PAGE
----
The adults surveyed reported that they had a strong sense of the amount of control and influence that they have over their own lives. The regularly took the initiative and took definitive actions to prevent and solve problems. They were able to make decisions and to invest the energy and resources that were required in order to make the decision effective. They handled transitions well and did not overreact to changes or modifications in their daily lives.

E: Emotional coping strategies

Anxiety and depression are relatively common in the profiles of LD children and adults. The successful adults who were surveyed were able to understand “triggers” and the symptoms of anxiety reactions and had developed strategies to cope with their stress.

S: Self-advocacy

The successful adults not only understood their individual needs, but also were able to explain their needs to employers and supervisors. They are able to advocate for themselves by assisting their employers in developing accommodations and adjustments in the workplace. They were also able to use compensatory strategies that they learned during their formal education (e.g., note taking at meetings, maintaining calendars to plan and schedule social and work related events).

S: Support systems

The surveyed adults have developed – and nurtured - effective support systems that they access whenever they face crises or difficulties. This support system extends beyond their family and includes friends, professionals and co-workers. They consult with different people in order to solve different problems. For example, if they had difficulty with their automobile, they were likely to contact their neighborhood mechanic…rather than contacting their parents.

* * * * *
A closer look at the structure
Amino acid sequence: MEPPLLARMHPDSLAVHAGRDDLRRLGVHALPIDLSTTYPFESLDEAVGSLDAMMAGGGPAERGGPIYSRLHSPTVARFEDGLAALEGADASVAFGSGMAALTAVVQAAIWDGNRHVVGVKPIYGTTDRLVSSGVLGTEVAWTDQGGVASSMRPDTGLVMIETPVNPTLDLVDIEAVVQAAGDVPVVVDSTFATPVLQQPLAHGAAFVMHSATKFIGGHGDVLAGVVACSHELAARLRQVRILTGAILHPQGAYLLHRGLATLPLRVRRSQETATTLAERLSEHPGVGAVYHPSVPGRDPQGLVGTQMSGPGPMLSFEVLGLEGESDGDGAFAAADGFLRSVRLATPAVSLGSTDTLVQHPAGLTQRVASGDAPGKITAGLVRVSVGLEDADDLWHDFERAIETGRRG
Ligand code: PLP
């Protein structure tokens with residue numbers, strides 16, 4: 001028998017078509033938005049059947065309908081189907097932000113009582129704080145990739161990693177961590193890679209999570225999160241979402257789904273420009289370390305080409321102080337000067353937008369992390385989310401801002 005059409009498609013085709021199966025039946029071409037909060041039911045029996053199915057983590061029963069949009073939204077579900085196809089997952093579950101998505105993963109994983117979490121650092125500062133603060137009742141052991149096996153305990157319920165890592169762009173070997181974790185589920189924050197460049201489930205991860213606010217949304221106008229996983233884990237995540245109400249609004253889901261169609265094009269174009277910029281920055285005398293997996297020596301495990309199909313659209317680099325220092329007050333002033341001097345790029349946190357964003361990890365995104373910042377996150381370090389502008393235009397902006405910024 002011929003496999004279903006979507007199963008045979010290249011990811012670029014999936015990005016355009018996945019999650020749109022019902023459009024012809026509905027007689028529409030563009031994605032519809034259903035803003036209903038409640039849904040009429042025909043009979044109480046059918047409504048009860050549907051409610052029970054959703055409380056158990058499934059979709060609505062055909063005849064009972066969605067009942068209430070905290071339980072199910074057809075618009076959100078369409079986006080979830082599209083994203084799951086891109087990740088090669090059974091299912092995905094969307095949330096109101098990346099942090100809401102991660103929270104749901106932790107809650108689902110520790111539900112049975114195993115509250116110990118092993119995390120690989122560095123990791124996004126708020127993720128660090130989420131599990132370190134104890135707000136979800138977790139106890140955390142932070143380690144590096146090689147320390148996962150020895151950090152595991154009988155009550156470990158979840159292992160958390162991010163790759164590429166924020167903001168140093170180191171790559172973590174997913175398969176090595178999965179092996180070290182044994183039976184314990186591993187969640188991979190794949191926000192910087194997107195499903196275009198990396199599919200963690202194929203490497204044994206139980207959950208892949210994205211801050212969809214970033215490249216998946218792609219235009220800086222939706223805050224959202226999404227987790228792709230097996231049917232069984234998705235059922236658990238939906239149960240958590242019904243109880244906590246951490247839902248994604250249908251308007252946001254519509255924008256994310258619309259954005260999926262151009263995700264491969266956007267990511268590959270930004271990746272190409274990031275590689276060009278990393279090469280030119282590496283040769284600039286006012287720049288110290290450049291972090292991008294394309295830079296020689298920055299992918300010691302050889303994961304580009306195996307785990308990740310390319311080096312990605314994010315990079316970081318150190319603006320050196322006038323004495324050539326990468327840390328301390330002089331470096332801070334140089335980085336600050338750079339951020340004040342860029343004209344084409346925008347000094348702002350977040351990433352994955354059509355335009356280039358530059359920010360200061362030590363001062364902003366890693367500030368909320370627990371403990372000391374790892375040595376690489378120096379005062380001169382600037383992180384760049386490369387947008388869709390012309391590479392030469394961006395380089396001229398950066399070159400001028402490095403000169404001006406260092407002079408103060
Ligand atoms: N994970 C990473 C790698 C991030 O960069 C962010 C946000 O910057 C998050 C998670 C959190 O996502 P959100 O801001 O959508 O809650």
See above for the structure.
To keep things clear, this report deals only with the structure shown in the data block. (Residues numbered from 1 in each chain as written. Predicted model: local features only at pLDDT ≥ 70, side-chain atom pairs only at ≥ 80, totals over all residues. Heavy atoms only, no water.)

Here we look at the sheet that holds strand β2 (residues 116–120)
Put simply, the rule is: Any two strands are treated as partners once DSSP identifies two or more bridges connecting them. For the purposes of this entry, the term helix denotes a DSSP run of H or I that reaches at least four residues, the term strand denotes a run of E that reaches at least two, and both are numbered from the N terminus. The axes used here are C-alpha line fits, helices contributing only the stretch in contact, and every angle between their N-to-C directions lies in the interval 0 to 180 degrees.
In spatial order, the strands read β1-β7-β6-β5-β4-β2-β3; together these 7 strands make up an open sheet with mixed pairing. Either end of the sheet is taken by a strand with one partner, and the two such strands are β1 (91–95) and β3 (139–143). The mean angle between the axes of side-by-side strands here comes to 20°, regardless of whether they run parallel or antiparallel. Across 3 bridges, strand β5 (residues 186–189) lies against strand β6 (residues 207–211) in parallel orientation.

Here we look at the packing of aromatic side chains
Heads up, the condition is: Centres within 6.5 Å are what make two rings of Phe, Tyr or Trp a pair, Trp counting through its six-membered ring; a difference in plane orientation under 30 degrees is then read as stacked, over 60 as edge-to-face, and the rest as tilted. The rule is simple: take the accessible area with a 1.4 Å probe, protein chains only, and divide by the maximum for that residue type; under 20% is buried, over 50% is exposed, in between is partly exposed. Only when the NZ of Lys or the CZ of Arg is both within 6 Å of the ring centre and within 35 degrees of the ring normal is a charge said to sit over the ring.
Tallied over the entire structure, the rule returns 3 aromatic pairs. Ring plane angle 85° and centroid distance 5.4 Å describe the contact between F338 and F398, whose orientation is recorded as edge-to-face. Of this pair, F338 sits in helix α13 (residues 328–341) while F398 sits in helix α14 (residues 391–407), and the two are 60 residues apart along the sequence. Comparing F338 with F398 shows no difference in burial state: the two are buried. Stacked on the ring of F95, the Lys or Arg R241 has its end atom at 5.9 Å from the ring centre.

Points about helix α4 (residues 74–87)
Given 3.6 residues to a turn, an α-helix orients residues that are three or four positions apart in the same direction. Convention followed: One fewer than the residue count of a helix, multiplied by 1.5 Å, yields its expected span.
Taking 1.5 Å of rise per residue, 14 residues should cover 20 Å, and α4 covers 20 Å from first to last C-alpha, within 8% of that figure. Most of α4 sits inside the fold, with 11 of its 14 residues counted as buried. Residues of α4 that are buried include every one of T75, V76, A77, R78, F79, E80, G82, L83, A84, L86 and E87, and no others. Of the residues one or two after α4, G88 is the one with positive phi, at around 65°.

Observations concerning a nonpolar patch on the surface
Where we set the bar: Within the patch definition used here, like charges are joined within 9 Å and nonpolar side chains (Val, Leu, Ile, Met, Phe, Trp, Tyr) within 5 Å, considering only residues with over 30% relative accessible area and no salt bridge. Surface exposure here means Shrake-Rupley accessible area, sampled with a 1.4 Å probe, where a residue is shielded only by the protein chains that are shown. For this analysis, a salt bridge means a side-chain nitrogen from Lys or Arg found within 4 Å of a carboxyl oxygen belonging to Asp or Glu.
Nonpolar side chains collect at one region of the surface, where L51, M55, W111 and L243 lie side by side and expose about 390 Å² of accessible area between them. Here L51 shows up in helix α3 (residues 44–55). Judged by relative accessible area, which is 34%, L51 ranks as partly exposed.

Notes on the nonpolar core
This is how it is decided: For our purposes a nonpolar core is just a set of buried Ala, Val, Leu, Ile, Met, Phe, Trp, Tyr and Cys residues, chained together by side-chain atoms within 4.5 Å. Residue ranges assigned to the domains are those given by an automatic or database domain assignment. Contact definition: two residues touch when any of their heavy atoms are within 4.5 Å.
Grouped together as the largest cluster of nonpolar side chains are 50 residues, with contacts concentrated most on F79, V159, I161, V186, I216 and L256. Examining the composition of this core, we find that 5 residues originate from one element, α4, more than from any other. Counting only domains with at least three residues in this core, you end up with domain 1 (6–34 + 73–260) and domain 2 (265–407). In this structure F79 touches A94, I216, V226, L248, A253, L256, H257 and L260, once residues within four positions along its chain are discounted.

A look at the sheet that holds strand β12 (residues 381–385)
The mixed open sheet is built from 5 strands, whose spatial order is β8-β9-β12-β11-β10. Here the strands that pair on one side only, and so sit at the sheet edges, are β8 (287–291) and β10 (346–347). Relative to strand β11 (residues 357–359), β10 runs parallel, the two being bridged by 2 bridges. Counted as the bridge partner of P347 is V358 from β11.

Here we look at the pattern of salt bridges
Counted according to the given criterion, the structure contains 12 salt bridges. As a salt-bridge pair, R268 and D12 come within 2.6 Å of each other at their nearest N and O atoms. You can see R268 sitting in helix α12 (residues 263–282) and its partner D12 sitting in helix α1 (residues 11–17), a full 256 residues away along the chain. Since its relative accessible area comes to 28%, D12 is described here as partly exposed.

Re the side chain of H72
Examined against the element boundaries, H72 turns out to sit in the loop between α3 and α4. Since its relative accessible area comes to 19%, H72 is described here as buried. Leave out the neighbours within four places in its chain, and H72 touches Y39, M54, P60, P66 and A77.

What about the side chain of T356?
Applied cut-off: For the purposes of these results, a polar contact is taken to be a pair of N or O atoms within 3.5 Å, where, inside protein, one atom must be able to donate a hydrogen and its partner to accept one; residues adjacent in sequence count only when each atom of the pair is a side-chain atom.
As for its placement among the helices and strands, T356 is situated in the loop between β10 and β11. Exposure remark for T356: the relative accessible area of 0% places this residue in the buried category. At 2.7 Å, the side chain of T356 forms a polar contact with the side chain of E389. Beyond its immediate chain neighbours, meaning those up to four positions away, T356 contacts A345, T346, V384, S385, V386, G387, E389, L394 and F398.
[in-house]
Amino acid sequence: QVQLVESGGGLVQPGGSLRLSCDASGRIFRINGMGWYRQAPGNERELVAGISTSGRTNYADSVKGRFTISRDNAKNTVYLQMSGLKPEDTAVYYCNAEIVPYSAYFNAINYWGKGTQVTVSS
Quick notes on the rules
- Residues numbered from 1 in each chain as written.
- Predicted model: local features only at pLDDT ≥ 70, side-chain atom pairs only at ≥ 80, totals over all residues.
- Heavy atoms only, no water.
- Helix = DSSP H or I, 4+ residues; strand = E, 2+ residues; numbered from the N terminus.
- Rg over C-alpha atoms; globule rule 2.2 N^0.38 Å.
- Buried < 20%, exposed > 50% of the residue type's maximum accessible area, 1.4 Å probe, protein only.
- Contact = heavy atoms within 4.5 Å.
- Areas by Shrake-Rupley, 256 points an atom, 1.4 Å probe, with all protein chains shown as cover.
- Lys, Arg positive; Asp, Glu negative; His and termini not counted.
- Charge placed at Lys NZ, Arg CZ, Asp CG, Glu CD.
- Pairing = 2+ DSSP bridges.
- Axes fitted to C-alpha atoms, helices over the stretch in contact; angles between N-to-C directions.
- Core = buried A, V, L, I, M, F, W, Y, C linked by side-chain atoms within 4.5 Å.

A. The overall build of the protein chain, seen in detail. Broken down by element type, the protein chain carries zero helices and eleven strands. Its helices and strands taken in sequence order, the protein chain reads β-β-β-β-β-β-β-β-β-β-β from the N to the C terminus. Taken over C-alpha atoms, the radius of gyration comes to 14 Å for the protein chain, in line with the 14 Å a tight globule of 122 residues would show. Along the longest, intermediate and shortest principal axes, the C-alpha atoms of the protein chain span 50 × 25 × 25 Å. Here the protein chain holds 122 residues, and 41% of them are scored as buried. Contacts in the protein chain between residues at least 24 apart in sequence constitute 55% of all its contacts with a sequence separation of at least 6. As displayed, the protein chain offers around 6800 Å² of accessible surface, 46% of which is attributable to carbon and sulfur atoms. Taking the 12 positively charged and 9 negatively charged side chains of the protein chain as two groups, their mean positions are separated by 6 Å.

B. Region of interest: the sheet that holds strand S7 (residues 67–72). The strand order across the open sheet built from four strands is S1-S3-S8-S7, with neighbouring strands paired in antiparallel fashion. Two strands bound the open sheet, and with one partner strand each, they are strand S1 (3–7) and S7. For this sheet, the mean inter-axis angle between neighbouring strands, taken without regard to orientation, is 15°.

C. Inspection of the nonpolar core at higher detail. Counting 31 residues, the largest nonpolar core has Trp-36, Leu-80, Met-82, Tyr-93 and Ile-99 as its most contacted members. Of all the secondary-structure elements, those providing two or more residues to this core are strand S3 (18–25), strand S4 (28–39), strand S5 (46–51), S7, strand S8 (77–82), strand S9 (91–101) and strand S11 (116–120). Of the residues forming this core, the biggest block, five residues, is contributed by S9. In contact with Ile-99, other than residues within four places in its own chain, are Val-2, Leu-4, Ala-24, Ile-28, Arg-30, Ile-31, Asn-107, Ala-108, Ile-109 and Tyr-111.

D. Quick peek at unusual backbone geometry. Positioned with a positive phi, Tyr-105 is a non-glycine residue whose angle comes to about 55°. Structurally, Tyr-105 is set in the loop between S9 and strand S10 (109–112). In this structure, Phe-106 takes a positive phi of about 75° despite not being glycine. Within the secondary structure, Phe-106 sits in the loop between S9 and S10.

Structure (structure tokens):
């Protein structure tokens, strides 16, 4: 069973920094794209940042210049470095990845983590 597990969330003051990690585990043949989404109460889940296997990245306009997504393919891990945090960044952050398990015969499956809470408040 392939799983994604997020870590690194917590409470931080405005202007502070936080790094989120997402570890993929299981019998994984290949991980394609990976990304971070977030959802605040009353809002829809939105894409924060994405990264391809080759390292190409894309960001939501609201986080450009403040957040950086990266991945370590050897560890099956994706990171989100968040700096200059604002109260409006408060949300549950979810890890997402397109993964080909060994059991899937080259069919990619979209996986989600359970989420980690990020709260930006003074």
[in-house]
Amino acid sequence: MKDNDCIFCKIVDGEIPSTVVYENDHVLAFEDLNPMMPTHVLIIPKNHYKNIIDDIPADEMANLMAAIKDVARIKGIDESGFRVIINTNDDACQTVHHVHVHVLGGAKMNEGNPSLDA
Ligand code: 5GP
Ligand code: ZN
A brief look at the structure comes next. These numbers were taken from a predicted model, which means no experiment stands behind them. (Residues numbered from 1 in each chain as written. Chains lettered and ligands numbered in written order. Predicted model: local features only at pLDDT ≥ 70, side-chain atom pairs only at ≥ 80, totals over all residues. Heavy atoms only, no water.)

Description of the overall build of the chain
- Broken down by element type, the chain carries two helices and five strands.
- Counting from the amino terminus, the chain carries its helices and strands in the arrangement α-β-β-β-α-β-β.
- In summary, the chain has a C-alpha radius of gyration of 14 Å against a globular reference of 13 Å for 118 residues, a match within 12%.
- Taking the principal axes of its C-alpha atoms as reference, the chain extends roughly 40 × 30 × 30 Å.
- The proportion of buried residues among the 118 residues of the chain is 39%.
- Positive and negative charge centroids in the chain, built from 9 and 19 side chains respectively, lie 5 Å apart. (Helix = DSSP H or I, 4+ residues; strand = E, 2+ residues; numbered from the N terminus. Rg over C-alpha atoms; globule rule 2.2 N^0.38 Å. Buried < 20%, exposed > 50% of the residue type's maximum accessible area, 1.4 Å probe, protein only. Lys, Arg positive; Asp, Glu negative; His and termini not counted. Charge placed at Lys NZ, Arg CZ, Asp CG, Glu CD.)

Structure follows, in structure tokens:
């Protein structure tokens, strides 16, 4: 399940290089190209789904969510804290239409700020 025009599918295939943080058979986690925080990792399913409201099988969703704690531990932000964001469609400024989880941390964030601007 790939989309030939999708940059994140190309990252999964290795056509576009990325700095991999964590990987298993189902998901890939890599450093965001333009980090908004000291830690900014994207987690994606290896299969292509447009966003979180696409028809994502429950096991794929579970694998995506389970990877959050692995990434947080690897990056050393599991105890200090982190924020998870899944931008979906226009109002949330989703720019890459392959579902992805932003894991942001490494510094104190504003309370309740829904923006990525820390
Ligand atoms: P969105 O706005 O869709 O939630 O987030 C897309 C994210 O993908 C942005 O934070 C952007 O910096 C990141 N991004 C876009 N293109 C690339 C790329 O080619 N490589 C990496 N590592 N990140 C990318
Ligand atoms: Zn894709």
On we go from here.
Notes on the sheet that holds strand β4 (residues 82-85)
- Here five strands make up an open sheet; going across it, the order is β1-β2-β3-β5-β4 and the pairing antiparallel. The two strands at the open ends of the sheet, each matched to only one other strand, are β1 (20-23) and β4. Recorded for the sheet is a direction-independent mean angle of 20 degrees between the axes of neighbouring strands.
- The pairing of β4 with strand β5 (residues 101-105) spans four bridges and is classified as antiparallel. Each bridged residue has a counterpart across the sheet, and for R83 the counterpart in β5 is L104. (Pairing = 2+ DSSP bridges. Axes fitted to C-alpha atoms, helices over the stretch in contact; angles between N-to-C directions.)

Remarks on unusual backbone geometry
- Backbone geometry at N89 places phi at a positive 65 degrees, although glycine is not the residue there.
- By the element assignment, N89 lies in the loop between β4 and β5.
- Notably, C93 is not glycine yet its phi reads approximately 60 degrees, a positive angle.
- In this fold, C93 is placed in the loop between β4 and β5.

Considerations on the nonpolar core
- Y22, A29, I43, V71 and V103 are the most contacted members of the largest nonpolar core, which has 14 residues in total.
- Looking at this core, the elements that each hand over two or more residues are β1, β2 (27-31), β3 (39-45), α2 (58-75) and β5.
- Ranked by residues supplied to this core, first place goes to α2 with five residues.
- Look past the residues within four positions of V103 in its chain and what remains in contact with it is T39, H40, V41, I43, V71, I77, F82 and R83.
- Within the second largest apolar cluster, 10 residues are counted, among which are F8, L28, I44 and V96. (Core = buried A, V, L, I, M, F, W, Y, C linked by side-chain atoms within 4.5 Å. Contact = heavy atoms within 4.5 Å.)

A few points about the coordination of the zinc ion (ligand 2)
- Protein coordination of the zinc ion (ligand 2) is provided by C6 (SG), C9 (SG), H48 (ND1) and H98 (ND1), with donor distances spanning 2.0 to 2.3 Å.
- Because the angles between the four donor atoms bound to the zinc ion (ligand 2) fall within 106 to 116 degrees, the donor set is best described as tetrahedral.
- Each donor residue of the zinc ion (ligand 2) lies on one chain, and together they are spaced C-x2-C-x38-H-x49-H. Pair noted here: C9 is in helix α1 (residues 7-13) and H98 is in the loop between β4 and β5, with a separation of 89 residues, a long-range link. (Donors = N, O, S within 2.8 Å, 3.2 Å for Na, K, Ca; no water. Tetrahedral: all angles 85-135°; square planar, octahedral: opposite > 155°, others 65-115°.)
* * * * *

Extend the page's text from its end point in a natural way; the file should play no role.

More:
They also understood that they had to contribute to these relationships rather than merely “make withdrawals” from the relationship!

The most encouraging aspect of this invaluable research is that the traits that were identified are ATTITUDES, BEHAVIORS and CHARACTERISTICS. Therefore, these skills and traits can actually be taught and fostered. As parents and teachers, we should begin fostering these traits with the children in our care. The mastery of these characteristics will contribute immeasurably to the child’s success as an adult. As the research summary states:

“These factors have a greater influence on adult success and happiness than gender, socioeconomic status, ethnicity, academic skill or IQ.”

This represents a clarion cry to begin promoting these traits in secondary programs on in the home front.

With every good wish,

Rick Lavoie